I’m very proud of the diversity and strength of the LGBT community in this country, and Pride parades are great celebrations of that. They highlight the progress we’ve made towards securing equal rights and respect for everyone, as well as the work that still needs to be done. I know that LGBTory attends as many Pride events as they can; under my leadership the Conservative Party had more gay and lesbian MPs than the other parties in Parliament put together, and many of them participate in Pride events too – so we are well represented.
Q – Julia G (Gay parenting support): A YouGov poll for PinkNews last week found that only 52% of people in the UK support gay men becoming parents using surrogacy or adoption – what will you do to help people be more supportive of gay parenting, especially given the shortage of adoptive parents.
Q – Jason Thomas (Surrogacy): For LGBT couples (and indeed all couples) who wish to use surrogacy as a means to start a family, what could a conservative government do to help secure a legal framework to facilitate this?
A – First of all, I’ve made it a priority to sort out the adoption system and make it less bureaucratic and time-consuming. As a result of the action we’ve taken, and the huge efforts of local authorities and voluntary adoption agencies, the number of adoptions has risen by 63 per cent in just the last three years.
My view is simple: if you are the right person to bring up a child, you should be allowed to do it. Just as it was wrong to deny people the chance to get married because of their sexuality, it’s also wrong to deny a couple the chance to be parents because of their sexuality. I’ve been clear that when there are children in need of a loving family, and gay couples who can give them that love and security, we should not allow prejudice to stand in the way. I think that sends a powerful message about who we are as a country in the modern world.
Q – Ross Watters (Business and diversity): With the recent drive for 20% women in the workplace, specifically on the boards of FTSE 100&250 organisations – why is there no specific target on LGBT board members? It feels like there is only one focus area and leaving LGBT community behind when this should be a target for a truly diverse workforce.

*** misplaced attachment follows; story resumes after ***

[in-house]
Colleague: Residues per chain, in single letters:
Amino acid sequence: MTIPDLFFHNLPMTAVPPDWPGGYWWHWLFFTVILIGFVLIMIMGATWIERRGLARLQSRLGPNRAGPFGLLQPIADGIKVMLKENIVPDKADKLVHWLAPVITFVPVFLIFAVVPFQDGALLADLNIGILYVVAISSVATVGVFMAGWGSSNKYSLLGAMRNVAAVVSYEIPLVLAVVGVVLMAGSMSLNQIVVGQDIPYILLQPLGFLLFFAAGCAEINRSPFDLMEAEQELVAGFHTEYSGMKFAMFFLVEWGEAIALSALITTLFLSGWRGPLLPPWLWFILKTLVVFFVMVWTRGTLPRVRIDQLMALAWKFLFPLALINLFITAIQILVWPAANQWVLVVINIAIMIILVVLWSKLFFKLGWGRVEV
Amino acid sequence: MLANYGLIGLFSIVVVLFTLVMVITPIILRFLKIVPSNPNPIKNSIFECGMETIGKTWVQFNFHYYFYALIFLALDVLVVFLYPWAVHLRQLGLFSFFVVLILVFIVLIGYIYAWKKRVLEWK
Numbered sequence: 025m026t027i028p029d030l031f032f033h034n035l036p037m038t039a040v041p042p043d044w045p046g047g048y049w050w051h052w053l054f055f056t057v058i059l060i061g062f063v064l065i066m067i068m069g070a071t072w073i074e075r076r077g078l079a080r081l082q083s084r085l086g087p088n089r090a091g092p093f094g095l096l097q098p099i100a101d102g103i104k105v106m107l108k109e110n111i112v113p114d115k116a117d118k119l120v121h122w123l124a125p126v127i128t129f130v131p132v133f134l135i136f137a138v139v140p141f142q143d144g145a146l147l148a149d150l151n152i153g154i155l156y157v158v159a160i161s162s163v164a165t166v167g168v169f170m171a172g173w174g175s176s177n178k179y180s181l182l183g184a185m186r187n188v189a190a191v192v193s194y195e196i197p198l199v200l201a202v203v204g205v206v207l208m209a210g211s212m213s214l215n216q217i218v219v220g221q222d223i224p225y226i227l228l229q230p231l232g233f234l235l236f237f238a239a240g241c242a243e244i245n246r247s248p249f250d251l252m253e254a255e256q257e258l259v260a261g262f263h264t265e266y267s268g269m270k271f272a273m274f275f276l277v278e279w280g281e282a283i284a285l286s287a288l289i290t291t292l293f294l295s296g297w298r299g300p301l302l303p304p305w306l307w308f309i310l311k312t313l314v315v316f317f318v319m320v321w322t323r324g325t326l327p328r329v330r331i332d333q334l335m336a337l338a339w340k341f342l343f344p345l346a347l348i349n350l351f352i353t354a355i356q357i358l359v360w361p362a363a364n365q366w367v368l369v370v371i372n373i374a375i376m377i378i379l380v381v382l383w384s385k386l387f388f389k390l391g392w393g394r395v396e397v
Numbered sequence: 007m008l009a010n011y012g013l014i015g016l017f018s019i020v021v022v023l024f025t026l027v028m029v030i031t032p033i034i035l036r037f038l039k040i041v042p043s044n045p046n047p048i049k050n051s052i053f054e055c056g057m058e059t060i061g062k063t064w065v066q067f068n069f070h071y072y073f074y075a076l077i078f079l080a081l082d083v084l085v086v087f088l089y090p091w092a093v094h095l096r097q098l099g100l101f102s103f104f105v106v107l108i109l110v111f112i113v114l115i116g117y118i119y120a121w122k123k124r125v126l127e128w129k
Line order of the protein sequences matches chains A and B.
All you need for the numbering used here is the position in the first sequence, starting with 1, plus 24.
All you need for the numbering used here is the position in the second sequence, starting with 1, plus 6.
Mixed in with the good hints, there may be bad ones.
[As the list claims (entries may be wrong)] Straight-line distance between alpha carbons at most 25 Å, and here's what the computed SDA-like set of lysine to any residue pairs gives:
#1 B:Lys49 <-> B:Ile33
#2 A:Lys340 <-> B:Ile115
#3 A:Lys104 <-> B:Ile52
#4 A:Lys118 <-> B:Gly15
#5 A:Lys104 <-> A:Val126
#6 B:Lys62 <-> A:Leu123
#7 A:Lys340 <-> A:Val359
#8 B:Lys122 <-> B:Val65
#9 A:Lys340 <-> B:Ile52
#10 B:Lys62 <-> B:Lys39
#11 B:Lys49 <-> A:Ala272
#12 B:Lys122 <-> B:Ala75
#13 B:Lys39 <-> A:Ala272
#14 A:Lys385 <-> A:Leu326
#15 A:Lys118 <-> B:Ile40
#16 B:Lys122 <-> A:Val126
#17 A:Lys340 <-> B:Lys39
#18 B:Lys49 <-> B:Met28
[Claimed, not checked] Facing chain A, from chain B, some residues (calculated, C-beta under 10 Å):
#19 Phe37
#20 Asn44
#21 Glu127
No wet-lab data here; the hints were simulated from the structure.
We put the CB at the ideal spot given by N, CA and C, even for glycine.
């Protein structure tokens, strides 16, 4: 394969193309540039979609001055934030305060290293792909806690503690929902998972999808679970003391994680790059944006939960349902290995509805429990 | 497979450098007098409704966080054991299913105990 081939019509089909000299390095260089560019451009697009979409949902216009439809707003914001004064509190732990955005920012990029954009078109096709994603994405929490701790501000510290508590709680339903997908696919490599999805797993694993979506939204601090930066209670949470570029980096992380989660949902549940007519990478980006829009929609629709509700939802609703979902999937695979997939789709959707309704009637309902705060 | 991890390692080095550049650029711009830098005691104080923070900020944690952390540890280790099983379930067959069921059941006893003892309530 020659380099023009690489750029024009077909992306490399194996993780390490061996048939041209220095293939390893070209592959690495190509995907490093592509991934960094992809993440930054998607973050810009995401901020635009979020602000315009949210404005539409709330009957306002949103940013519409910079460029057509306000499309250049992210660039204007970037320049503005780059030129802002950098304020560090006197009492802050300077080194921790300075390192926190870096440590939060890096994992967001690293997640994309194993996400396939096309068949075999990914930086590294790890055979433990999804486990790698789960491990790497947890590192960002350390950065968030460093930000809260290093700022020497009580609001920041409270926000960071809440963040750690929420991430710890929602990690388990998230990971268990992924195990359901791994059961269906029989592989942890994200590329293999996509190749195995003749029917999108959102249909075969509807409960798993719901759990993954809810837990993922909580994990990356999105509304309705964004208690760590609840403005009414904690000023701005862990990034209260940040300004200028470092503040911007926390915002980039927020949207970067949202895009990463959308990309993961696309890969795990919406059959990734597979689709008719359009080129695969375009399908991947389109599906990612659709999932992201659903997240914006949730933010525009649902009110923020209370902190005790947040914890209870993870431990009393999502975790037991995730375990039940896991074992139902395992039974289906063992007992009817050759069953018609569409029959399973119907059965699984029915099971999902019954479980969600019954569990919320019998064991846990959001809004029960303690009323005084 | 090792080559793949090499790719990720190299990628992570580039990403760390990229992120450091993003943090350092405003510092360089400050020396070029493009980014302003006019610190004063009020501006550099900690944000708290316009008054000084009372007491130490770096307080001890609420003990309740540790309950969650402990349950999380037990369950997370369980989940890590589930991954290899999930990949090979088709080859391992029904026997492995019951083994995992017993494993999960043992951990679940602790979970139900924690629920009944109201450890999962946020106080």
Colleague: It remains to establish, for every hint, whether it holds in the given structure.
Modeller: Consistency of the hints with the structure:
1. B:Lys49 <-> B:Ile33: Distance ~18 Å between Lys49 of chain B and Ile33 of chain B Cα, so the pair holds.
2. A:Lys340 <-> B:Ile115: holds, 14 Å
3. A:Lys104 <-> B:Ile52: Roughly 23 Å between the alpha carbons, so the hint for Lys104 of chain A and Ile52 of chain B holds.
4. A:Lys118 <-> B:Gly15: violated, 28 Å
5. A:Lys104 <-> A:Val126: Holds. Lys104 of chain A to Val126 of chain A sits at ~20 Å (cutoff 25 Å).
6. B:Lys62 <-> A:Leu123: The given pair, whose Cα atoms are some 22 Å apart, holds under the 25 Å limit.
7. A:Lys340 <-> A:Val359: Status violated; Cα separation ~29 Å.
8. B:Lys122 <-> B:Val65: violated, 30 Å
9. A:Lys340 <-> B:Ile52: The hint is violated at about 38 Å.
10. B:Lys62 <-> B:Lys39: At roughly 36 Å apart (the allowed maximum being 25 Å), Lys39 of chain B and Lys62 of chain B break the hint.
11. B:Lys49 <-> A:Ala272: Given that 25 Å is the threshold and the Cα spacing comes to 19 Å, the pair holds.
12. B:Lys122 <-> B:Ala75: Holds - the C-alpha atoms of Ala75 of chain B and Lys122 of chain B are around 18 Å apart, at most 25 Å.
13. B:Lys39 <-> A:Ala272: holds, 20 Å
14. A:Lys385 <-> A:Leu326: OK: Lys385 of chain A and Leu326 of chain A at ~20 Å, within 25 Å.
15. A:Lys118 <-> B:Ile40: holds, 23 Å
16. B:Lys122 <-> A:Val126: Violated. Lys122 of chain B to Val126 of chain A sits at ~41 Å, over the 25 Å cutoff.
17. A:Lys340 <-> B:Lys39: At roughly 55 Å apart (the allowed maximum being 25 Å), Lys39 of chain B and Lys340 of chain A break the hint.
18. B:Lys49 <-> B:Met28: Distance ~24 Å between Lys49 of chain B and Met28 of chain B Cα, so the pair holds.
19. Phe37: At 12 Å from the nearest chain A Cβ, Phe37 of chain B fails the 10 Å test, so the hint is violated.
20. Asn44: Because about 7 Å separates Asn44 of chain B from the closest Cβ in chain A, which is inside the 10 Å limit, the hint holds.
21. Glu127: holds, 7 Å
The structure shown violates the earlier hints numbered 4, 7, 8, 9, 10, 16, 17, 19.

A – It’s very important we support people into work to then pursue their chosen career; there should be no barrier to the most able making their way to the top of all professions, whatever their background or sexuality. We have some excellent LGBT business leaders who provide great role models – people like Antonio Simoes at HSBC or Dawn Airey at Yahoo- but clearly there’s more to be done. Organisations like OUTstanding and Radius, and initiatives like the Stonewall champions programme are doing a lot of good work to encourage more people into these jobs, and that’s the sort of approach we need- no specific targets, but no barriers.
We also need an economy that creates jobs, thanks to our long-term economic plan and the tough decisions we took as a Government, the economy has created 1,000 jobs a day – with Yorkshire creating more jobs than all of France– that is why the choice at this Election is so important, stick with a plan that is working or give it up for the economic chaos of Ed Mililband propped up by the SNP.
Q – David Gee (Blood ban): As a medical student I am all too aware of the national blood bank shortages and the risk of blood-borne infections. Whilst the country has moved forward in terms of LGBT equality, as a gay man I still feel like a second-class citizen. Why does the country allow gay men to donate organs but not blood? How can we uphold these double standards when countries like Russia have better equality legislation on blood donation than us? Surely accepting a blood transfusion carries risks like tissue donation, and surely our tests are sensitive enough to detect HIV, a condition which is now manageable with medications? What promises can you make to ensure that LGBT individuals can be included to help society?